Article

Drosophila Epsin's role in Notch ligand cells requires three Epsin protein functions: The lipid binding function of the ENTH domain, a single Ubiquitin interaction motif, and a subset of the C-terminal protein binding modules

Section of Molecular Cell and Developmental Biology, Institute for Cell and Molecular Biology, The University of Texas at Austin, Austin, TX 78712, USA.
Developmental Biology (Impact Factor: 3.64). 03/2012; 363(2):399-412. DOI: 10.1016/j.ydbio.2012.01.004
Source: PubMed

ABSTRACT Epsin is an endocytic protein that binds Clathrin, the plasma membrane, Ubiquitin, and also a variety of other endocytic proteins through well-characterized motifs. Although Epsin is a general endocytic factor, genetic analysis in Drosophila and mice revealed that Epsin is essential specifically for internalization of ubiquitinated transmembrane ligands of the Notch receptor, a process required for Notch activation. Epsin's mechanism of function is complex and context-dependent. Consequently, how Epsin promotes ligand endocytosis and thus Notch signaling is unclear, as is why Notch signaling is uniquely dependent on Epsin. Here, by generating Drosophila lines containing transgenes that express a variety of different Epsin deletion and substitution variants, we tested each of the five protein or lipid interaction modules for a role in Notch activation by each of the two ligands, Serrate and Delta. There are five main results of this work that impact present thinking about the role of Epsin in ligand cells. First, we discovered that deletion or mutation of both UIMs destroyed Epsin's function in Notch signaling and had a greater negative impact on Epsin activity than removal of any other module type. Second, only one of Epsin's two UIMs was essential. Third, the lipid-binding function of the ENTH domain was required only for maximal Epsin activity. Fourth, although the C-terminal Epsin modules that interact with Clathrin, the adapter protein complex AP-2, or endocytic accessory proteins were necessary collectively for Epsin activity, their functions were highly redundant; most unexpected was the finding that Epsin's Clathrin binding motifs were dispensable. Finally, we found that signaling from either ligand, Serrate or Delta, required the same Epsin modules. All of these observations are consistent with a model where Epsin's essential function in ligand cells is to link ubiquitinated Notch ligands to Clathrin-coated vesicles through other Clathrin adapter proteins. We propose that Epsin's specificity for Notch signaling simply reflects its unique ability to interact with the plasma membrane, Ubiquitin, and proteins that bind Clathrin.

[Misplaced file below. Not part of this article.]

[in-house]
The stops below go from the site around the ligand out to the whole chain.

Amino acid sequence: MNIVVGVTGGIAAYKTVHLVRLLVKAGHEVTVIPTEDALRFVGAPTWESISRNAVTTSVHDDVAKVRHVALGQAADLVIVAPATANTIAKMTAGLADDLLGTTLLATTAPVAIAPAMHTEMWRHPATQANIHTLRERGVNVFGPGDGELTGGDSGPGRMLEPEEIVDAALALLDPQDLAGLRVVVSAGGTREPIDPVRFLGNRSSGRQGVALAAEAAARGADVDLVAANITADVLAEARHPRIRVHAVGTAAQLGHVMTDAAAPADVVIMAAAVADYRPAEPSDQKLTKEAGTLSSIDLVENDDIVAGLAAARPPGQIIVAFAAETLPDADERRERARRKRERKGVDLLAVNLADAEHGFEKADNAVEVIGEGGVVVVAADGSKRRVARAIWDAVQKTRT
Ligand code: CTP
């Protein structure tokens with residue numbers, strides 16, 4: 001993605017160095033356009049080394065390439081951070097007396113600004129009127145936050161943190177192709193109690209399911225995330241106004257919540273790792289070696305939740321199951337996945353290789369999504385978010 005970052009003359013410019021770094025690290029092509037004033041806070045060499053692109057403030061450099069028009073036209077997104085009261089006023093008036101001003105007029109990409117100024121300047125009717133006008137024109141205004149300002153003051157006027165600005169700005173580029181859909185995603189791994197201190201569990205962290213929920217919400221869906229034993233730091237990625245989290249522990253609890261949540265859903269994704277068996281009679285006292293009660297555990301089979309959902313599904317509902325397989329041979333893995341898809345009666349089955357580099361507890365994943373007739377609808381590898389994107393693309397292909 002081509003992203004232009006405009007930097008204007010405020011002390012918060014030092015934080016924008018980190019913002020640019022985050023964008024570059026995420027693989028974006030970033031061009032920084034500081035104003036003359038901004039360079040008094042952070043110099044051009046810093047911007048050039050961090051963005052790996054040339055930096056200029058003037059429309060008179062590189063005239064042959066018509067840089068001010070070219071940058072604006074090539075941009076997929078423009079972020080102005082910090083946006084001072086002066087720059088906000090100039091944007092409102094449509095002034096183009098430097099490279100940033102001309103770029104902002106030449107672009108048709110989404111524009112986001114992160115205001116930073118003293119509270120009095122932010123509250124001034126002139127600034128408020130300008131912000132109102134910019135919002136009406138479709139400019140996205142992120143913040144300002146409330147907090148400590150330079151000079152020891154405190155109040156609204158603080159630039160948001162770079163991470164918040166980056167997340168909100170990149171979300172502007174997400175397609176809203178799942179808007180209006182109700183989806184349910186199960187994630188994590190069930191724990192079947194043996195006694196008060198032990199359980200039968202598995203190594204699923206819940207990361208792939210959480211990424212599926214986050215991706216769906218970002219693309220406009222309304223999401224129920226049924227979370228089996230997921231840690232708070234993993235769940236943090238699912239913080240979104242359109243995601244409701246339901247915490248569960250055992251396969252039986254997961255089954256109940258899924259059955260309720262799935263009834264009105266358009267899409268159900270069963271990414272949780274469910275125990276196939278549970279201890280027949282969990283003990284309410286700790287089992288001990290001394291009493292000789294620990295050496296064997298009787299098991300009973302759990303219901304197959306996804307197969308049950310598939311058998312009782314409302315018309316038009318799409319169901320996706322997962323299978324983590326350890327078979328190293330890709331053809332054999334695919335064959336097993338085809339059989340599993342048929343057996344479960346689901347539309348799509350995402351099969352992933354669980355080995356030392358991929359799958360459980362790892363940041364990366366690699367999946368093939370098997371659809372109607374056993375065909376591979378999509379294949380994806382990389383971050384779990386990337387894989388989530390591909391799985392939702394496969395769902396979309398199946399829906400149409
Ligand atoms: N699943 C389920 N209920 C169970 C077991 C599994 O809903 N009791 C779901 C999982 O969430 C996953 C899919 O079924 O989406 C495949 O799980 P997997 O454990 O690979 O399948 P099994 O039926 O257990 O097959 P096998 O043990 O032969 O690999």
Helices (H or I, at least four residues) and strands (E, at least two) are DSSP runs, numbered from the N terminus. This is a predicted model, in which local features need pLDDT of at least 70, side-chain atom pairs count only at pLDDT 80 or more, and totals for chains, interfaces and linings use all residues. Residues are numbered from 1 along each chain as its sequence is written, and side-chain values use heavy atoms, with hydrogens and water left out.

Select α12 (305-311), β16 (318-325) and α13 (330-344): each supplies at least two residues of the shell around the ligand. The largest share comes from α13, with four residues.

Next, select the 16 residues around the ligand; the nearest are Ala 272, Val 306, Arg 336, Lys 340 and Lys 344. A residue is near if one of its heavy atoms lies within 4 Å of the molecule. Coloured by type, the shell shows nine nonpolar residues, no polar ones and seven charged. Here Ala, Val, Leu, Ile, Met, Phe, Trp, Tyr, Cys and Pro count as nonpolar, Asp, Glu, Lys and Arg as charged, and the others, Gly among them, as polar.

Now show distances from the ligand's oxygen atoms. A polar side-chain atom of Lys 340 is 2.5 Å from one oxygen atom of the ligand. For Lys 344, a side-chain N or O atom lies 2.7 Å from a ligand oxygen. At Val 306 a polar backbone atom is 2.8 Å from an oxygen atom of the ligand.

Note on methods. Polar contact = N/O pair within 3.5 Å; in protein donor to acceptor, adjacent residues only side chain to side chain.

0 Followers
 · 
244 Views
  • [Show abstract] [Hide abstract]
    ABSTRACT: Uncontrolled canonical Wnt signalling supports colon epithelial tumour expansion and malignant transformation. Understanding the regulatory mechanisms involved is crucial for elucidating the pathogenesis of and will provide new therapeutic targets for colon cancer. Epsins are ubiquitin-binding adaptor proteins upregulated in several human cancers; however, the involvement of epsins in colon cancer is unknown. Here we show that loss of intestinal epithelial epsins protects against colon cancer by significantly reducing the stability of the crucial Wnt signalling effector, dishevelled ( Dvl2), and impairing Wnt signalling. Consistently, epsins and Dvl2 are correspondingly upregulated in colon cancer. Mechanistically, epsin binds Dvl2 via its epsin N-terminal homology domain and ubiquitin-interacting motifs and prohibits Dvl2 polyubiquitination and degradation. Our findings reveal an unconventional role for epsins in stabilizing Dvl2 and potentiating Wnt signalling in colon cancer cells to ensure robust colon cancer progression. The pro-carcinogenic role of Epsins suggests that they are potential therapeutic targets to combat colon cancer.
    Nature Communications 03/2015; 6. DOI:10.1038/ncomms7380 · 10.74 Impact Factor
  • Source
    [Show abstract] [Hide abstract]
    ABSTRACT: Tel2, a protein conserved from yeast to vertebrates, is an essential regulator of diverse cellular processes including telomere maintenance, DNA damage checkpoints, DNA repair, biological clocks, and cell signaling. The Drosophila Tel2 protein is produced as a translational fusion with EpsinR, a Clathrin adapter that facilitates vesicle trafficking between the Golgi and endosomes. EpsinR and Tel2 are encoded by a Drosophila gene called lqfR. lqfR is required for viability, and its specific roles include cell growth, proliferation, and planar cell polarity. We find that all of these functions of lqfR are attributed entirely to Tel2, not EpsinR. In addition, we find that Drosophila LqfR/Tel2 is a component of one or more protein complexes that contain E-cadherin and Armadillo. Moreover, Tel2 modulates E-cadherin and Armadillo cellular dynamics. We propose that at least one of the functions of Drosophila Tel2 is regulation of Wingless signaling.
    PLoS ONE 09/2012; 7(9):e46357. DOI:10.1371/journal.pone.0046357 · 3.53 Impact Factor
  • Source
    [Show abstract] [Hide abstract]
    ABSTRACT: The very conserved Notch pathway is used iteratively during development and adulthood to regulate cell fates. Notch activation relies on interactions between neighboring cells, through the binding of Notch receptors to their ligands, both transmembrane molecules. This inter-cellular contact initiates a cascade of events eventually transforming the cell surface receptor into a nuclear factor acting on the transcription of specific target genes. This review highlights how the various processes undergone by Notch receptors and ligands that regulate the pathway are linked to ubiquitination events.
    International Journal of Molecular Sciences 03/2013; 14(3):6359-81. DOI:10.3390/ijms14036359 · 2.34 Impact Factor